politics

Kentucky Sen. Rand Paul announced his bid for the White House Tuesday on his website. The 52-year-old former ophthalmologist's libertarian roots sets him apart from the expansive field of Republican hopefuls, most notably in foreign policy and issues like defense spending.

His father Ron Paul, also a physician, gained notoriety in the late-1980s as a presidential nominee for the Libertarian Party, but there are signs the younger Paul is moving more mainstream Republican.

It's not hard to reach presidential candidate Ryan Shepard; he doesn't have a media relations office or a slick-tongued press secretary.

Shepard, 40, is a bartender at Roc Brewing Co. in Rochester, N.Y., while also working toward a bachelor's degree in creative writing at nearby SUNY Brockport. He plans to enroll in an master of fine arts writing program after he graduates.

He is also just as much a candidate for U.S. president as Ted Cruz, who was billed by many as the first and only candidate to file so far.

Following a firestorm of criticism, Republican governors in Indiana and Arkansas signed revised versions of their states' Religious Freedom Restoration bills Thursday night. In Indiana the language was adjusted, and in Arkansas it was significantly scaled back to more closely align with the federal law.

The chairman of the Senate Judiciary Committee — not just a rank-and-file House member — alleged Tuesday that Hillary Clinton likely broke the law with her use of private emails as secretary of state.

South Carolina Rep. Trey Gowdy's Select Committee on Benghazi announced Friday in a statement that Hillary Clinton had wiped her private email server clean; that the committee is getting no additional emails from her; that it's leaving open the possibility of a third-party investigation; and that Republicans are promising to bring Clinton in for more questioning.

Updated at 12:34 p.m.

Sen. Harry Reid, D-Nev., the Democratic leader in the Senate, said he won't seek re-election next year.

The divide between Republicans and Democrats on pot politics is narrowing, President Barack Obama said in an interview Monday.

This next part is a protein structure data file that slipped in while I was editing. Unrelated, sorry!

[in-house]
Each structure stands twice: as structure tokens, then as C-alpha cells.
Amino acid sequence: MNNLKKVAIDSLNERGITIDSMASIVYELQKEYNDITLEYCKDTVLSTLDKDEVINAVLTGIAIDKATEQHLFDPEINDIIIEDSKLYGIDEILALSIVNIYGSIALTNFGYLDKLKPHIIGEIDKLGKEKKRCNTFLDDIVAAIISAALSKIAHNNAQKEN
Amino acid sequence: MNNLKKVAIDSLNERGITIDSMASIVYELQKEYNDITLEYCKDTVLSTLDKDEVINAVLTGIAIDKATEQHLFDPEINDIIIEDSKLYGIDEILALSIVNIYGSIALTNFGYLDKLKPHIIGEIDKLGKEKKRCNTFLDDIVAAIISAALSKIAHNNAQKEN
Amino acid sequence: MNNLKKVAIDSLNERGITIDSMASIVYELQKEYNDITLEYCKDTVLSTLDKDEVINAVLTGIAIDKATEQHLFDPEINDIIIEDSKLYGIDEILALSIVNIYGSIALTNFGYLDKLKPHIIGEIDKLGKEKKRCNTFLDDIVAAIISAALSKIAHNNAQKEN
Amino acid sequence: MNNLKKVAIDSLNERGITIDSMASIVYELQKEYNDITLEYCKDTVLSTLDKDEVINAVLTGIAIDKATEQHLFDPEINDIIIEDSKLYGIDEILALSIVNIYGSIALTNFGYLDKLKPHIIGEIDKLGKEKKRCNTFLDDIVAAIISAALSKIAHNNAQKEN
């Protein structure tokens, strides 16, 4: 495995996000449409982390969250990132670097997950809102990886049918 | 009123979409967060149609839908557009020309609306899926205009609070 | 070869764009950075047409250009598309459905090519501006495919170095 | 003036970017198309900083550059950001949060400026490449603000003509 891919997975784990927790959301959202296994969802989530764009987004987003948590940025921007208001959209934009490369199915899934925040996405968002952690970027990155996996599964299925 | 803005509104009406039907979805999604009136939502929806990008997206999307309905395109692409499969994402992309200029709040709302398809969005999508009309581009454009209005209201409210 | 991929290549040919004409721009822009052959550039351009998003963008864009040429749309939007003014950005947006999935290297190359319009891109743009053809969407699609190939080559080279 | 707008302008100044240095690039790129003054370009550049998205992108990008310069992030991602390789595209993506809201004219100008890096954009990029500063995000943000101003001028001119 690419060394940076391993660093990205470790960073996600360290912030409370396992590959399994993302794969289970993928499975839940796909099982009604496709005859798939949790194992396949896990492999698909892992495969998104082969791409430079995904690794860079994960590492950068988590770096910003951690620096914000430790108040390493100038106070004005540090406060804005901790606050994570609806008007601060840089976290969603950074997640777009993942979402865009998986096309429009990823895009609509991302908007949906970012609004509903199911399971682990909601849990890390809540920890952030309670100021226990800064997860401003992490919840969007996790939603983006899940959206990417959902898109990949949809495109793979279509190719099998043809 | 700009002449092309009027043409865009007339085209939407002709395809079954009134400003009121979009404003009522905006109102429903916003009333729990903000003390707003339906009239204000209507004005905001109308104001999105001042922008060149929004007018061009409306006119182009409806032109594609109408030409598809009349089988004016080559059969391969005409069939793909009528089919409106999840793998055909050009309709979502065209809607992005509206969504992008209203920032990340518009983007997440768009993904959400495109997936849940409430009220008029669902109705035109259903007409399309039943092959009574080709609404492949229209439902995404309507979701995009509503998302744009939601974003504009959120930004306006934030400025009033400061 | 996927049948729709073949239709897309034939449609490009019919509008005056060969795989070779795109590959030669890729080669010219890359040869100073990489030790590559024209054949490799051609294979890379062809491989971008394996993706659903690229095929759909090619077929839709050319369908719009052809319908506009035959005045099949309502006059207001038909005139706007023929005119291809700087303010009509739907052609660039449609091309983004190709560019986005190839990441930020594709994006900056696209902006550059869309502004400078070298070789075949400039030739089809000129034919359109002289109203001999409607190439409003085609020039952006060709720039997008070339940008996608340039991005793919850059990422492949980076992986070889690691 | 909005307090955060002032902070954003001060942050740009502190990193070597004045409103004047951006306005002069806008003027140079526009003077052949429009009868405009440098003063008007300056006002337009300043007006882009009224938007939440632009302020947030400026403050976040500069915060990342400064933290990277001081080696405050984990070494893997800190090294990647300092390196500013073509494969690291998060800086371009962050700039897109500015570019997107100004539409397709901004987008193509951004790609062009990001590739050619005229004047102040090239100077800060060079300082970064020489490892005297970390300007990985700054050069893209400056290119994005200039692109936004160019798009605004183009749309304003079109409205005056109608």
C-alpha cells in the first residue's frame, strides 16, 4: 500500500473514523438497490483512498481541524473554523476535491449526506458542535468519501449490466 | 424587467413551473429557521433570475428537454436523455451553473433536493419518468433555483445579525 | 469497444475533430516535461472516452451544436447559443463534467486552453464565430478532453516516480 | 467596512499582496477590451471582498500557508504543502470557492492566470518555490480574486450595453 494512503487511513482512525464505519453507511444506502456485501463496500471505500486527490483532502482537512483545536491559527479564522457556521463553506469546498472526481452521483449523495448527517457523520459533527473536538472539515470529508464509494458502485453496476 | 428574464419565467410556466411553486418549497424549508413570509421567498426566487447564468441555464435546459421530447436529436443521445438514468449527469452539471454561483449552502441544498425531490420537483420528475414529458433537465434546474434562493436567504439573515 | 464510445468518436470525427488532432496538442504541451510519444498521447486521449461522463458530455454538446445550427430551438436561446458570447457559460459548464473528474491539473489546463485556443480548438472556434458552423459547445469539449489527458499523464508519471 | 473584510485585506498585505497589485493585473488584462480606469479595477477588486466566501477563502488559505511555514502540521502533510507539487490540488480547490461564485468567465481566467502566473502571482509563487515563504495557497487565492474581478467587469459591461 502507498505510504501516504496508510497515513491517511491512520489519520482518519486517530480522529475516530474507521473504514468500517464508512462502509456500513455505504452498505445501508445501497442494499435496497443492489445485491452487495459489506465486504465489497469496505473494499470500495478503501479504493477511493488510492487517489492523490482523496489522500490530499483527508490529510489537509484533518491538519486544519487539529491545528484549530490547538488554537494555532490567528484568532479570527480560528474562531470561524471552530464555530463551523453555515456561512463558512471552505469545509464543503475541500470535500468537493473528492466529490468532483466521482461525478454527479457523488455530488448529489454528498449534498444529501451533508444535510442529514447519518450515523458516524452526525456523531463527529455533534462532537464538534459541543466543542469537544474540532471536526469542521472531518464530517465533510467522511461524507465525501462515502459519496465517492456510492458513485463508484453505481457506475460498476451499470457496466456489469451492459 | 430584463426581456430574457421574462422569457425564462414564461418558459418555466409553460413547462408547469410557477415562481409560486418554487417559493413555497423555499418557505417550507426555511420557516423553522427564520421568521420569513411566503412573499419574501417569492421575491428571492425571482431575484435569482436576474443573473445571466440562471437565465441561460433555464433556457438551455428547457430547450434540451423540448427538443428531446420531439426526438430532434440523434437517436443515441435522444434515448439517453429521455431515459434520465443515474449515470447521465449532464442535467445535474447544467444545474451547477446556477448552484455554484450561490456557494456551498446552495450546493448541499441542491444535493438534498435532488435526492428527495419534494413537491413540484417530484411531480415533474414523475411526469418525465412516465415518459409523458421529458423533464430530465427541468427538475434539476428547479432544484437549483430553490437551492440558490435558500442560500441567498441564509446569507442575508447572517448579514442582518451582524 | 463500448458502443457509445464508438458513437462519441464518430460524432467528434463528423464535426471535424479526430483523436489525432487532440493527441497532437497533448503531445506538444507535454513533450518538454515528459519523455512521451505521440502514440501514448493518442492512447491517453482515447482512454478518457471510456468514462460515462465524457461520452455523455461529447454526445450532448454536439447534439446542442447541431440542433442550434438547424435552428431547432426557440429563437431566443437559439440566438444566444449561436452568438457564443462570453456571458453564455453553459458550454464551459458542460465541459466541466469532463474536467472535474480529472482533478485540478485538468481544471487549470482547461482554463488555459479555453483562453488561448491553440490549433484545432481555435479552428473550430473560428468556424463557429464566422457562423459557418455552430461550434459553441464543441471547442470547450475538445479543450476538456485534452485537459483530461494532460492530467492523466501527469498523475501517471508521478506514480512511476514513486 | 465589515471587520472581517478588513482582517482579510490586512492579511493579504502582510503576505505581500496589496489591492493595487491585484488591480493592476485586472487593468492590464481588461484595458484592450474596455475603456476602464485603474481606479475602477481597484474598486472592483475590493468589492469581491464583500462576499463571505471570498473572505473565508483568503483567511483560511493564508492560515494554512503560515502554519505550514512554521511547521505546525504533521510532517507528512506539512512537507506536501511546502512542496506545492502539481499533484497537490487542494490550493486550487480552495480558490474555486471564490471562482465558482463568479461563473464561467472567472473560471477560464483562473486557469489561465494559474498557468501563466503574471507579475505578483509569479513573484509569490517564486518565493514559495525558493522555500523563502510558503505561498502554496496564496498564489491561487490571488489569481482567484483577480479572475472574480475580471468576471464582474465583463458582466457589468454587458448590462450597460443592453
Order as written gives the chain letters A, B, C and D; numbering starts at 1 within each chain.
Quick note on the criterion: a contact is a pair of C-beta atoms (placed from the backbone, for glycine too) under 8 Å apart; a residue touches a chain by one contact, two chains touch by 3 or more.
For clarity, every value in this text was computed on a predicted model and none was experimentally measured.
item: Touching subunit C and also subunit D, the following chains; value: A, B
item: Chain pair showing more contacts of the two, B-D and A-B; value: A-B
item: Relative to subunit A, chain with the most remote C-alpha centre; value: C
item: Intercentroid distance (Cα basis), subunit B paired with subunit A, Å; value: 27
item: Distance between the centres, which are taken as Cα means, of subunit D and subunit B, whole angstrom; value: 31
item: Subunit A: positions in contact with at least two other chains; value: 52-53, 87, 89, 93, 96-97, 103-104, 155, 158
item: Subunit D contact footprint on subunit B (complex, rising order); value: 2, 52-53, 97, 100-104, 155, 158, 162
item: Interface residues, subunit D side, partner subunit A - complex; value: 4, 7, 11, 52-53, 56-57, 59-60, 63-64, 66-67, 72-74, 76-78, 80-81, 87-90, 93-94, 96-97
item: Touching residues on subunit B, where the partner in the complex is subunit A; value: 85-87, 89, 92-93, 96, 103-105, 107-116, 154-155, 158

A governor will take the oath of office for the second time in as many months in Oregon on Wednesday. Secretary of State Kate Brown will become the second woman to serve as the state's chief executive. She replaces fellow Democrat John Kitzhaber who is resigning amid a criminal ethics investigation.

Since the Affordable Care Act was signed into law in 2010, "repeal and replace" has been the rallying cry for Republicans who opposed it. But now that most of the law's provisions have taken effect, some health experts are pitching ways to tweak it, rather than eliminate it.

An ideologically diverse panel at the National Health Policy Conference on Monday presented different ideas to make the law work better. But the panelists agreed on one thing: The Affordable Care Act is too complicated.

Marcie Sillman talks to Katha Pollitt, columnist for The Nation, about her book "Pro: Reclaiming Abortion Rights" and the argument for the pro-choice movement. 

In the first minute of his hourlong State of the Union address, President Barack Obama summed up his theme in single sentence: "Tonight, we turn the page."

The president then detailed a page of history filled with the financial crisis of 2008, the recession and unemployment and deficits that followed and the two distant and difficult wars in Afghanistan and Iraq.

It was a reminder of the ills that helped elevate young Sen. Obama to the Oval Office six years ago. And now, after many battles, he was ready to declare he had turned that page.

Incoming Texas Gov. Greg Abbott created a stir last week during a speech to the conservative and influential think tank the Texas Public Policy Foundation, where he accused Texas cities of contributing to the "California-ization" of Texas.

"The truth is, Texas is being California-ized with bag bans, fracking bans, tree-cutting bans," Abbott said. "We're forming a patchwork quilt of bans and rules and regulations that is eroding the Texas model."

U.S. Capital congress
Flickr Photo/Stephen Melkisethian (CC-BY-NC-ND)

Marcie Sillman talks to Cathy Allen, political consultant and president of The Connections Group, about Washington state's political clout in Congress now that the majority party is Republican.

KUOW Photo/Liz Jones

Ross Reynolds talks to Andrea Seabrook, founder of DecodeDC, about how local initiatives create laws in spite of the stalemate in Congress.

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